William Shatner is a Canadian icon. The Montreal-born actor has won Emmys, a Governor General’s Performing Arts Award, and the honour of serving as Grand Marshal of this year’s Calgary Stampede. But our southern neighbours probably know Shatner best from two key TV roles: Captain James T. Kirk from Star Trek: The Original Series, and the “Priceline Negotiator” from a series of ads for the travel website of the same name.
In September, Priceline rolled out its first-ever made-for-Canada campaign with this 30-second TV spot:
The company has attracted Canadian customers before, says Chief Marketing Officer Brett Keller, but that was simply a happy accident. “Canadians have found us for years and typing in our brand or other keywords, or going to sites like Kayak to do a comparison search and finding us,” he explains.“But we’ve never actively attempted to build our brand in Canada.”
TV has long been a key marketing platform for Priceline.com. A recent report from industry group Cable Nation drew a direct link between the offline advertising spending and web traffic of pure-play Internet brands—businesses that rely on traffic to generate revenue, in the form of e-commerce or advertising.
Keller discussed Priceline.com’s advertising strategy and the role that spokespeople like Shatner play in brand marketing.
Canadian Business: The fact that you still advertise on TV suggests that there is still a marketing return on investment there.
Brett Keller: If we didn’t feel it was producing a return for our business, we wouldn’t be doing it. It’s an integral part of our advertising strategy, and one that complements what we do online.
Any marketer will tell you: a strong brand aids in the performance of your online media. So, for example, if a customer types ‘cheap hotels’ into Google and there are five brands presented, those that carry more weight because of their brand strength are going to have a higher click-through rate and a higher conversion rate if the product is decent. It allows those of us with stronger brand presence to play more effectively in online channels.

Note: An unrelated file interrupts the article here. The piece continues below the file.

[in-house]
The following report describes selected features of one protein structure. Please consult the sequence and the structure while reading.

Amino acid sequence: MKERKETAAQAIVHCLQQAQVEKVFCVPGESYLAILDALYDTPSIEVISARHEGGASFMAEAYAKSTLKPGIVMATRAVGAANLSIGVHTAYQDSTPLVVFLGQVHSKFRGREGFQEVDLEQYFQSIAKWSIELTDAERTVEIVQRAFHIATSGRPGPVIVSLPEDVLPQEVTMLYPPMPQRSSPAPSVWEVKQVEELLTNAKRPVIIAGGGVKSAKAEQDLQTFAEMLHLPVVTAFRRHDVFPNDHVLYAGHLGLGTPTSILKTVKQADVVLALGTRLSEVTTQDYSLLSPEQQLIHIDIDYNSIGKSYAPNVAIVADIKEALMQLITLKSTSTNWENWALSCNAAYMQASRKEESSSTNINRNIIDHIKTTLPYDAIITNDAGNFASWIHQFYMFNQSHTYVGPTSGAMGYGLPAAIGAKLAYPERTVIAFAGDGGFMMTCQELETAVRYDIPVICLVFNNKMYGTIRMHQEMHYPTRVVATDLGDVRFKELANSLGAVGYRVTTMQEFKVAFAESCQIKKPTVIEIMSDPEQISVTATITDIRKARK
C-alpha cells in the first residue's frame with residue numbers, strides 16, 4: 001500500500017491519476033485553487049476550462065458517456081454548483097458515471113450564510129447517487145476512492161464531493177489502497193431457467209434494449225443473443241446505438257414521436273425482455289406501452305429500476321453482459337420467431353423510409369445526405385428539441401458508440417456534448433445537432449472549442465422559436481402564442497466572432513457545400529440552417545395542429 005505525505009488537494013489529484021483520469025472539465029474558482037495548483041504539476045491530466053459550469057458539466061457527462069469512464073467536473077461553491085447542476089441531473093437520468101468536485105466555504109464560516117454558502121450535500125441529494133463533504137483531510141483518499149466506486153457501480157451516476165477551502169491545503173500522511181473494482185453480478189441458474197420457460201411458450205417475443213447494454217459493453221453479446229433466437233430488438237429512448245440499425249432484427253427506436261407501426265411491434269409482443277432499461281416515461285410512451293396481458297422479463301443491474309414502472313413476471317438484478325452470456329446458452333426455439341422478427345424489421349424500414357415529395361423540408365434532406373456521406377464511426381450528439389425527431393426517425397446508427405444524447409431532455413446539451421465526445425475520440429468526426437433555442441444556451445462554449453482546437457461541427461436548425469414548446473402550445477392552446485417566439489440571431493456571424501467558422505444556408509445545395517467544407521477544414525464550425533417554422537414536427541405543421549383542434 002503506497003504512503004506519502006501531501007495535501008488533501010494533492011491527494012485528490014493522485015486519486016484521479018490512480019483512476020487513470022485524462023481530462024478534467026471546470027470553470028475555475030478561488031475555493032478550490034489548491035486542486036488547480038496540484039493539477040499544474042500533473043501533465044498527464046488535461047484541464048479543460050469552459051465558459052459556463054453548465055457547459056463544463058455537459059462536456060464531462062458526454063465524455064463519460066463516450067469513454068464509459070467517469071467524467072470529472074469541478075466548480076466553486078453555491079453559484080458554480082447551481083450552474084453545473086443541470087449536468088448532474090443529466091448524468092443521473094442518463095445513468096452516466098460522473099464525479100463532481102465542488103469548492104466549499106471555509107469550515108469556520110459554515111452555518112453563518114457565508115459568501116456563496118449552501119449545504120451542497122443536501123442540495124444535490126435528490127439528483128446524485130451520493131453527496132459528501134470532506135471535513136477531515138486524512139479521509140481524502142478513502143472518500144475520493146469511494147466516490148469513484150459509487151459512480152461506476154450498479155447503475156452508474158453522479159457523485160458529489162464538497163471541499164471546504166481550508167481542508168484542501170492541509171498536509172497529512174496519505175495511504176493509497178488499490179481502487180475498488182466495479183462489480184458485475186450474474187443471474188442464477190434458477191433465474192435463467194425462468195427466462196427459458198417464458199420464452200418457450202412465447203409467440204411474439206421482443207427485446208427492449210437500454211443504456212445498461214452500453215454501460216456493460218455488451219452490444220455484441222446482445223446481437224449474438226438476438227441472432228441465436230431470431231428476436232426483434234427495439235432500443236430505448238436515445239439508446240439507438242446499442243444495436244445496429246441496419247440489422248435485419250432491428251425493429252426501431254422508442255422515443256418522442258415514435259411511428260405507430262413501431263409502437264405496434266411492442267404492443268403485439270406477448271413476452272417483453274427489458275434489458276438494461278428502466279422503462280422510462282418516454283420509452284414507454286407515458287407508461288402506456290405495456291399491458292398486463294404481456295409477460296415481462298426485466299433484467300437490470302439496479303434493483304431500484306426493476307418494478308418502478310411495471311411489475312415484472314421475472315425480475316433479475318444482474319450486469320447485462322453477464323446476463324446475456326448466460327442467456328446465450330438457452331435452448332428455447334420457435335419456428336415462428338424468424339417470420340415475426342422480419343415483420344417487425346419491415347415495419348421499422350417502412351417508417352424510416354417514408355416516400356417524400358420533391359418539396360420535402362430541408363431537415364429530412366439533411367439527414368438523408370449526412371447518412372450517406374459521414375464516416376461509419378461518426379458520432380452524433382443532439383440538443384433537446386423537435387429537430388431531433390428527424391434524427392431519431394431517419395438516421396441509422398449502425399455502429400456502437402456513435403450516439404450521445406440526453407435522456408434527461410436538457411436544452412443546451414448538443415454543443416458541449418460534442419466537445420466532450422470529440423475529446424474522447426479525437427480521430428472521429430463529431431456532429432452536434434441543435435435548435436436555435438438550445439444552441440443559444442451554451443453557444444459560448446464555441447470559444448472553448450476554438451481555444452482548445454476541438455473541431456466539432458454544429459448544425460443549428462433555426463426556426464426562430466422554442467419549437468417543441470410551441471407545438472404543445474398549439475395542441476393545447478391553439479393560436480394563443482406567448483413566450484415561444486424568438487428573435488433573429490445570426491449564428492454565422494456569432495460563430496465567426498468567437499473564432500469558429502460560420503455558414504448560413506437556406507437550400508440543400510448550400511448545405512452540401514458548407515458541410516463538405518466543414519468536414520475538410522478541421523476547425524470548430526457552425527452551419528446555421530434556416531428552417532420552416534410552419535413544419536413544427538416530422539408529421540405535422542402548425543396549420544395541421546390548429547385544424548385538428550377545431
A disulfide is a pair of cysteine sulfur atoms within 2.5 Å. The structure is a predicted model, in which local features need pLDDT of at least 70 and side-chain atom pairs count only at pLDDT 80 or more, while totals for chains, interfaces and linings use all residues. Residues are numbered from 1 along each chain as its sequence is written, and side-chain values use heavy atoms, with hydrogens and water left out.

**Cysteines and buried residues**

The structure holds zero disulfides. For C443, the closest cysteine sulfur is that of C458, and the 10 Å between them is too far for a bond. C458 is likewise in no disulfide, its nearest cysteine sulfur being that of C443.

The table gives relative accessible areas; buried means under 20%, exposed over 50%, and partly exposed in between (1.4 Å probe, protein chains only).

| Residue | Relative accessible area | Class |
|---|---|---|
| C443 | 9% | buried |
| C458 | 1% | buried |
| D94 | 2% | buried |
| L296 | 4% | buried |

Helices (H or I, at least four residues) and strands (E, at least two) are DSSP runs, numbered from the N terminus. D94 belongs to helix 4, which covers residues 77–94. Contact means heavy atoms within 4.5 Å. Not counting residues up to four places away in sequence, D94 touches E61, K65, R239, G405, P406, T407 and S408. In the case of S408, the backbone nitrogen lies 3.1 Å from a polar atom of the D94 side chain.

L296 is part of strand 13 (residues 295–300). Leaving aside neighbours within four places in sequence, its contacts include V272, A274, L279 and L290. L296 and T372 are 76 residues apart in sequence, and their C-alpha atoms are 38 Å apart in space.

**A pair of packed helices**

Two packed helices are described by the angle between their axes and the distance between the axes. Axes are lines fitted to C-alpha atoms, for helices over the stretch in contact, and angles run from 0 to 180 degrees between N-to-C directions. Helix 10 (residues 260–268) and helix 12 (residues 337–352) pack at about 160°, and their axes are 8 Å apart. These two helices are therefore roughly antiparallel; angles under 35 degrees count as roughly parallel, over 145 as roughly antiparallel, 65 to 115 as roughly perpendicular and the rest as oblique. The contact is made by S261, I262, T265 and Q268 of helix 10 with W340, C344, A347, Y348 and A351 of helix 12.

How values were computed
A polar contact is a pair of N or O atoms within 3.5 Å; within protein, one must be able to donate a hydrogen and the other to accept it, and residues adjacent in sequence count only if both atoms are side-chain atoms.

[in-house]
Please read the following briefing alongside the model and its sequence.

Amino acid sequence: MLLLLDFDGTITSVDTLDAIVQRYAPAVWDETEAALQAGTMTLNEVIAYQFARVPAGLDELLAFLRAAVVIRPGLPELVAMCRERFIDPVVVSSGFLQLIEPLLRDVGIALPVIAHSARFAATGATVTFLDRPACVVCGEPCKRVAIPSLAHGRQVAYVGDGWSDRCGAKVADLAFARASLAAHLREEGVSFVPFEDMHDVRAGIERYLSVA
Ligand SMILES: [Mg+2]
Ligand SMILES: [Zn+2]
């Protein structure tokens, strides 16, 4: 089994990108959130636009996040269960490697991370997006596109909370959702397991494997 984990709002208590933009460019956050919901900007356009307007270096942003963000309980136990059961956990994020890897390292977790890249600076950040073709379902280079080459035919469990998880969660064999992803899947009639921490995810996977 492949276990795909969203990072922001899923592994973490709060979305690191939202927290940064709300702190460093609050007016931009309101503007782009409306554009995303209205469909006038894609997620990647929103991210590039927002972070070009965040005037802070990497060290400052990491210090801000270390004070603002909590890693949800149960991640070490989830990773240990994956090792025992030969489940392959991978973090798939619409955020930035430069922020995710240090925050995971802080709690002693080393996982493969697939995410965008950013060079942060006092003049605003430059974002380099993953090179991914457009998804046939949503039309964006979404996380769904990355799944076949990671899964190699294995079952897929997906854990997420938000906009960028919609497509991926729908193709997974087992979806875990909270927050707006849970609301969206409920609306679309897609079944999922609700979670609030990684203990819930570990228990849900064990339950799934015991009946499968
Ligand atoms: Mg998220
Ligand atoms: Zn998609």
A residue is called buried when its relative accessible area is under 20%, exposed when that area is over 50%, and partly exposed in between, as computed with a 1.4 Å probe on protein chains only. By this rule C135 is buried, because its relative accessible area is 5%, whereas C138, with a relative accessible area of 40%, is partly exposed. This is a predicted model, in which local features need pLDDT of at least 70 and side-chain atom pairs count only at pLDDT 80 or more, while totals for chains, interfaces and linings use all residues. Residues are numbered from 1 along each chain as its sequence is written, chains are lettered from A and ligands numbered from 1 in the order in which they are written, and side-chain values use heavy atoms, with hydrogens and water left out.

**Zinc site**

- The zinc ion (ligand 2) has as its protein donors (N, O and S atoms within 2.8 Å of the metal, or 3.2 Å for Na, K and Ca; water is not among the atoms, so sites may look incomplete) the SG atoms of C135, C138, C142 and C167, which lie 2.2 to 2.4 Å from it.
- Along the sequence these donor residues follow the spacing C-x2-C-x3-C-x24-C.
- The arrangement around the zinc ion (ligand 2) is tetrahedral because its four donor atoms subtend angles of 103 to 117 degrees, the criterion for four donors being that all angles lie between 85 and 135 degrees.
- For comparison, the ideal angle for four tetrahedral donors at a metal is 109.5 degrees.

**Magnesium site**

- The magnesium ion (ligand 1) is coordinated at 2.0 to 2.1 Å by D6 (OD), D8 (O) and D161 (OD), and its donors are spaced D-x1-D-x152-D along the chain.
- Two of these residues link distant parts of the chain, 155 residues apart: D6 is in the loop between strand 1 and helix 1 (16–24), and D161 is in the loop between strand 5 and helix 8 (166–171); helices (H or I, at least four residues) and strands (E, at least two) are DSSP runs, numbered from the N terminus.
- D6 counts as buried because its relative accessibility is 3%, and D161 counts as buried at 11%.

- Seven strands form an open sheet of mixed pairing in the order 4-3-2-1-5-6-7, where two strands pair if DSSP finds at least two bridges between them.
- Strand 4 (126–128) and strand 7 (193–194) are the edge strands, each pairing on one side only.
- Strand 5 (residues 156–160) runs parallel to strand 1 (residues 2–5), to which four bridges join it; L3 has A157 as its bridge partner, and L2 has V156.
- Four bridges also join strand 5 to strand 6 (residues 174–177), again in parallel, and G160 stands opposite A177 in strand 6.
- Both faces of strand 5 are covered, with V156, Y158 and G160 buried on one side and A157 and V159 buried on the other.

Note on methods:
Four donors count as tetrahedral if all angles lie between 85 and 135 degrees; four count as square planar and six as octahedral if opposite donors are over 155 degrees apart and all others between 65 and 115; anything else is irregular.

What’s the difference in strategy to generate a click for an online ad versus a TV ad?
Online is a highly direct response platform. In that platform we typically have what we call ‘intent signals’—consumers have told us something about their trip or what they want. So it’s much easier for us to present them with a landing page or a set of search results that very much meet their needs in that moment.
Offline is very different. We don’t know if the people watching are in the market right then or not. Even though the ad might have calls to action in it, it is not personalized in the way that an online campaign would be structured for a consumer.
William Shatner is a TV star, so a TV ad seems like the perfect medium to use him in.
He’s central to everything we do here in the States with our brand work, and we’ve now added as a counterpart Kaley Couco, who’s also a huge TV star here in the United States and in Canada. Kaley wasn’t a part of our first campaign [in Canada], but she will certainly be a part of future efforts that run in the Canadian market.
Does the celebrity endorsement concept work better on TV than it does online?
It’s much harder to use a spokesman or spokeswoman in an online static banner ad, and you can’t use them at all in things like search results, Google, or Trip Advisor. TV is by far the most efficient way to create a brand, and adding spokespeople to that aids in the speed with which that brand can be built and emboldened.